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How Long Does Banana Passionfruit Take to Grow?

The tropical banana passionfruit (Passiflora mollissima or Tacsonia mollissima) produces a sweet pulp you can eat raw or squeeze for juice. This exotic fruit goes by various names in different countries, including curuba, tacso, parcha, tumbo, trompos and tintin. In Hawaii, it is called banana poka and considered a noxious and invasive weed, responsible for the near extinction of some native plant species. While you are anticipating its sweet treats, the wide variation in the banana passionfruit plant's germination period can leave you wondering how long it takes the elongated yellow banana-like fruit to grow.
  1. Hardiness Zones

    • As a tropical to subtropical fruit, the banana passionfruit is hardy to U.S. Department of Agriculture plant hardiness zones 9 to 11. It thrives in temperatures over 82 degrees Fahrenheit, and where winter temperatures do not drop below 28 degrees. The warmer the climate, the more vigorous its growth. When it's planted in areas that see winter frost, the growth is more moderate and it works best as an ornamental plant. The top growth will die back in cold weather but the roots will survive and allow the plant to recover when warm weather returns. Given sufficient light and warmth, banana passionfruit vines can grow up to 10 feet per year and produce fruit by the second year.


    • Banana passionfruits usually grows from seed soaked in warm water, orange juice or passionfruit juice for 24 hours and germinated at 59 to 68 degrees. Plant them an inch deep in moist, sterile soil in a 3-inch pot. Cover the pot with plastic to create high humidity and keep the plants at 68 to 85 degrees, with bottom heat. Sprouts can appear as soon as four weeks or as late as 12 months from sowing time, but the average range is four to 12 weeks, according to the University of Hawaii at Manoa Botany Department. Blooms appear in midsummer to late fall, while fruits can ripen any time of year.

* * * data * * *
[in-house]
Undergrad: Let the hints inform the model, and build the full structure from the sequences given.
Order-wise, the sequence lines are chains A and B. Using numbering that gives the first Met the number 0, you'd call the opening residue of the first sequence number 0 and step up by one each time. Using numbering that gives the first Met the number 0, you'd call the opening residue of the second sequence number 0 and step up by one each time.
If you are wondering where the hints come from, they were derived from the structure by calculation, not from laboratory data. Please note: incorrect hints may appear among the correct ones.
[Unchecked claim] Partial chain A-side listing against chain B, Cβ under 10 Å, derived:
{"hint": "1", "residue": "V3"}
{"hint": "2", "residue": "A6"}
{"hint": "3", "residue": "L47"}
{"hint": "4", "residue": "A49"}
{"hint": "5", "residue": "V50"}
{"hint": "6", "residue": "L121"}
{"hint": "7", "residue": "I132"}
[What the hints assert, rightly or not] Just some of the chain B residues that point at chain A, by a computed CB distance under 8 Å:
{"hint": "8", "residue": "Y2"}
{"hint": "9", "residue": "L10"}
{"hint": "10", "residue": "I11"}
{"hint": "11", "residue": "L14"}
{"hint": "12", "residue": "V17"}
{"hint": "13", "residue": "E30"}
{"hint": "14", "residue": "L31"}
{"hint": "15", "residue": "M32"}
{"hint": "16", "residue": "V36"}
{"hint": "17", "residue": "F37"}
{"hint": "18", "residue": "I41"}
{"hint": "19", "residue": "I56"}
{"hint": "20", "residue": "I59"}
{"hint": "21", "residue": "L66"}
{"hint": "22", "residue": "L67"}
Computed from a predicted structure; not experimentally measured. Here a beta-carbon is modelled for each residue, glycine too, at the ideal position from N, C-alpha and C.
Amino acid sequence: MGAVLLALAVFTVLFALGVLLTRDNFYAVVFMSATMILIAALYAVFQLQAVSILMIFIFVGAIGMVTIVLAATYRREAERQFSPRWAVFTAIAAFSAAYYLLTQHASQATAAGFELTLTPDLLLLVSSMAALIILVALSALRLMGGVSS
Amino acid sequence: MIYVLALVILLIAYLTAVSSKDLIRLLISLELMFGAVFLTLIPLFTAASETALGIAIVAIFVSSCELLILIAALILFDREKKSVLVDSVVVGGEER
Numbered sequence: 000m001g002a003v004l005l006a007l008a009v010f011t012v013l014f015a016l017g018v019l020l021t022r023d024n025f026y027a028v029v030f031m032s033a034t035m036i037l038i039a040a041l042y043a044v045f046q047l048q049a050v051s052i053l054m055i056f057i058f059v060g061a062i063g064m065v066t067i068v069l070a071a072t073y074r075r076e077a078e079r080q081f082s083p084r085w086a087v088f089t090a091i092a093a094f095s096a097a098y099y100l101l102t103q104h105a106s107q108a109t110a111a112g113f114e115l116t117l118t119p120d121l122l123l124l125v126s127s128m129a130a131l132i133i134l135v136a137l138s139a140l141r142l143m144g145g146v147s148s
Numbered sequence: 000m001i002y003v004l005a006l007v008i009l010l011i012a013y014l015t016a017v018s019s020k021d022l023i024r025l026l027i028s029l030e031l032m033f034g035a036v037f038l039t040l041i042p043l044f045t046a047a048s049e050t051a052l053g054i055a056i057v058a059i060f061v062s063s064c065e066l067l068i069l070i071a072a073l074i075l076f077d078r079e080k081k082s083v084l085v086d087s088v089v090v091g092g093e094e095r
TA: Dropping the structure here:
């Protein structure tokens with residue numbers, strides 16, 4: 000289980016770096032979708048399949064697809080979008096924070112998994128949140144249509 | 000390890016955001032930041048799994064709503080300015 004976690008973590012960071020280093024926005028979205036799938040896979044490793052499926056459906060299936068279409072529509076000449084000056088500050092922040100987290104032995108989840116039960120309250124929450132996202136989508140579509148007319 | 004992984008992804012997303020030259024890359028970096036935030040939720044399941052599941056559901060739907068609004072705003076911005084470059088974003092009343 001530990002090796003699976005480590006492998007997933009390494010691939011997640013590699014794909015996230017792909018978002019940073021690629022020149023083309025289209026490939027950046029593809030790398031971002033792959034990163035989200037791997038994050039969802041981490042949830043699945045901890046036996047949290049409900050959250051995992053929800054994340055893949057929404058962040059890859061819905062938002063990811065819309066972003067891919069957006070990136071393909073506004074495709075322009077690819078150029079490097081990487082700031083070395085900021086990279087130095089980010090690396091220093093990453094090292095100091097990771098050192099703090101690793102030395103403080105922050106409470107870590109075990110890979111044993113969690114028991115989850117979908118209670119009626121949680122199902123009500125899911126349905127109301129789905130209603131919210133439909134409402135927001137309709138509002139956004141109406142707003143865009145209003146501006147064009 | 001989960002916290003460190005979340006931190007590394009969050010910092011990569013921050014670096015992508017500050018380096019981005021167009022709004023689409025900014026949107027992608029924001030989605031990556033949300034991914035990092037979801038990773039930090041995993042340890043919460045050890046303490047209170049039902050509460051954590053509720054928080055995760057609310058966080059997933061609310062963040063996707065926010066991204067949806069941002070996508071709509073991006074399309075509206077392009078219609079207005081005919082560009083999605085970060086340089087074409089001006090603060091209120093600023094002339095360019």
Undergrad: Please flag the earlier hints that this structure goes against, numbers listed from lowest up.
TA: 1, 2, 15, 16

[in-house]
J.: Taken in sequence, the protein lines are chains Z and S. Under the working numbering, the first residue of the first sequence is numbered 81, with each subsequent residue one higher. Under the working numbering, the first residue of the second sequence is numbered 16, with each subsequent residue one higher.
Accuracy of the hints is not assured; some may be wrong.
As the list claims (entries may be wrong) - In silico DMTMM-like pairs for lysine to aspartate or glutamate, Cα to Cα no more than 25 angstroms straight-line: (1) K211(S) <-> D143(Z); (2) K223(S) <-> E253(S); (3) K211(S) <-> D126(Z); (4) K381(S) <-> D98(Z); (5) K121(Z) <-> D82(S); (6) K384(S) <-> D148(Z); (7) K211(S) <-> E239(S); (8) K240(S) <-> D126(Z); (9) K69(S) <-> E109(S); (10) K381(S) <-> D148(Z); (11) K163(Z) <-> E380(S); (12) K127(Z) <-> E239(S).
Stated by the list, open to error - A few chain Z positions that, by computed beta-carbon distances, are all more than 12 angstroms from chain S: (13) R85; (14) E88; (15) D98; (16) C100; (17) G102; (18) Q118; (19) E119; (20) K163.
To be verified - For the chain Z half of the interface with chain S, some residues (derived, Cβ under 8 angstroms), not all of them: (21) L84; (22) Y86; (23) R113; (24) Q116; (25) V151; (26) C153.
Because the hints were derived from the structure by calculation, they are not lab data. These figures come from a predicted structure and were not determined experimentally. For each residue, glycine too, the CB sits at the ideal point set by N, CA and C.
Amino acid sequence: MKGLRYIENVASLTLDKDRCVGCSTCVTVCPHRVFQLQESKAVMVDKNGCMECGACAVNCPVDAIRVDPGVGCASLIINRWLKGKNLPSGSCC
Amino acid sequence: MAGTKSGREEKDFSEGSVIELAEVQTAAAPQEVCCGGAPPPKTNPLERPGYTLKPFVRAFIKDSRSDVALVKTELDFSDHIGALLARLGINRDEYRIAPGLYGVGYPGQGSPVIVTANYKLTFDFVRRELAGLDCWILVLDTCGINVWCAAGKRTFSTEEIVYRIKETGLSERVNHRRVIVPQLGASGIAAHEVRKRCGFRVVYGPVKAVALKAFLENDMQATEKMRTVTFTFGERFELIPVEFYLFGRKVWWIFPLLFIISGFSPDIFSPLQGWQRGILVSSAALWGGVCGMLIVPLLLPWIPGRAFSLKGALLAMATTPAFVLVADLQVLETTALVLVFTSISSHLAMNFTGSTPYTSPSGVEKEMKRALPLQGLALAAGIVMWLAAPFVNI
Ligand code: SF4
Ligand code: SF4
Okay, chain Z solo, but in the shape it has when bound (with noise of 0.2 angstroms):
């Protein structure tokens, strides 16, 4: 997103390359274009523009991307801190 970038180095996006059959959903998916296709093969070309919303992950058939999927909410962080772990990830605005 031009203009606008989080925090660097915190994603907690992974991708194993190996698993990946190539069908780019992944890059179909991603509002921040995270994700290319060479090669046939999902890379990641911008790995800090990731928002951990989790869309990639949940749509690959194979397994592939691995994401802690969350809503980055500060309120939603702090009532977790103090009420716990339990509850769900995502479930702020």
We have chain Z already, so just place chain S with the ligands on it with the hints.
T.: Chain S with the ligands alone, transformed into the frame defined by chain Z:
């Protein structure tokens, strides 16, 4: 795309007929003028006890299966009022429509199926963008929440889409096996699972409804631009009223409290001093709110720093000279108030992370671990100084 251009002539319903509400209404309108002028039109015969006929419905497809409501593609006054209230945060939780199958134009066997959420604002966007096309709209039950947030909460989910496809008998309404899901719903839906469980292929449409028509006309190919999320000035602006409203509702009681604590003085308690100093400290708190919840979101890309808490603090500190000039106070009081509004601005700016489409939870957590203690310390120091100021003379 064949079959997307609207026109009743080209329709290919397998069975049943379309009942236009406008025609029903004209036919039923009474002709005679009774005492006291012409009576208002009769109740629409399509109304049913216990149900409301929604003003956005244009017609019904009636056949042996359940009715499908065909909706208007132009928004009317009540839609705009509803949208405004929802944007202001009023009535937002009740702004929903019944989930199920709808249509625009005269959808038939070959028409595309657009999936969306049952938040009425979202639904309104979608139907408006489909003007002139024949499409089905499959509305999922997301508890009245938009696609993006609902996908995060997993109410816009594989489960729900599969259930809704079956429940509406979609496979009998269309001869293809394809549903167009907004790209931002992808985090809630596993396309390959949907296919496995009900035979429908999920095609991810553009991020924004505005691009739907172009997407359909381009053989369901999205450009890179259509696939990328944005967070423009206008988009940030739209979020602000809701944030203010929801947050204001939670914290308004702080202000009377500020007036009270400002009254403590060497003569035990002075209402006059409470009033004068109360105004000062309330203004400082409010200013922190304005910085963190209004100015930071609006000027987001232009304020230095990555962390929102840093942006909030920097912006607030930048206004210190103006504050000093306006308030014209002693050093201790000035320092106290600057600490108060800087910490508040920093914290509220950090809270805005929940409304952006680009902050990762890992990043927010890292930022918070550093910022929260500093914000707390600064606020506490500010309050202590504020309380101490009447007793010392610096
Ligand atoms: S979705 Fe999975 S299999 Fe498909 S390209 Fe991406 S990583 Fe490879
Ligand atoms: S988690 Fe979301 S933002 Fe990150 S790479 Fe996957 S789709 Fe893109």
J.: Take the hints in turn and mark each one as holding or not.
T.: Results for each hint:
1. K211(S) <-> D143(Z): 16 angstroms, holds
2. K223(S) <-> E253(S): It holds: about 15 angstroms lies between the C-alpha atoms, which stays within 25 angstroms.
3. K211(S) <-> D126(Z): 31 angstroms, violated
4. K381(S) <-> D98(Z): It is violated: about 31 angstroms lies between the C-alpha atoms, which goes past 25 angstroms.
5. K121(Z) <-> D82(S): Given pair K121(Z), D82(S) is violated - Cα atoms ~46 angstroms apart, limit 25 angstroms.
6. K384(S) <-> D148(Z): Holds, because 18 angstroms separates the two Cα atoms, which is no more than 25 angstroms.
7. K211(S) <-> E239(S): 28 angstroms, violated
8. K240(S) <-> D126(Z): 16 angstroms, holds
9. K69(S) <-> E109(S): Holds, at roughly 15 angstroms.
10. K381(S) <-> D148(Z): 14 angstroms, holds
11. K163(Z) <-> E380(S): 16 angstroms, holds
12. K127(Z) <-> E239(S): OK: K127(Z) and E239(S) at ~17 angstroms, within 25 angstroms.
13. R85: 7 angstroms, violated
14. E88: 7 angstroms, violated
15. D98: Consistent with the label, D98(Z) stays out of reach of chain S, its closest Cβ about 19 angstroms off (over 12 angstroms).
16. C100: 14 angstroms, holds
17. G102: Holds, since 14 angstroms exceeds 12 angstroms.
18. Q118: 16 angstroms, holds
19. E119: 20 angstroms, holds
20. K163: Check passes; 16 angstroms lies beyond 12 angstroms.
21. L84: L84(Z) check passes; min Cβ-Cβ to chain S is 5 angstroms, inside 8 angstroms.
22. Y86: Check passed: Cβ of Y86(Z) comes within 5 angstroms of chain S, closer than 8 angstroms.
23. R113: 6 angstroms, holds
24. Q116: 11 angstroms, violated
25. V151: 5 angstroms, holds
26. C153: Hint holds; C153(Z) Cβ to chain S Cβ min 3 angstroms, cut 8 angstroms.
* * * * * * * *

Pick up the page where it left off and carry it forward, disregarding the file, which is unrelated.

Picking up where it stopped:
• The emergent banana passionfruit seedlings are ready for transplant three months after they first appear. The young plants should be trained to grow on a horizontal trellis. Dense spacing results in more fruit per vine, while pruning and wider spacing for greater airflow and less disease produces larger, but fewer, fruits. Purdue University Horticulture and Landscape Architecture advises that you will see your first banana passionfruit crop in two years, although some growers from India report waiting as long as six years for their plants to yield fruit.


    • Depending on your growing area and cultural practices of weeding, irrigation, and pest and disease control, you may see year-round fruiting or biannual harvest in spring and fall. The spring harvest is ripe in late March to early April. Fall harvest comes in September or October. The ripe fruits should be 2 to 5 1/2 ounces each and can range from 40 to 300 per vine.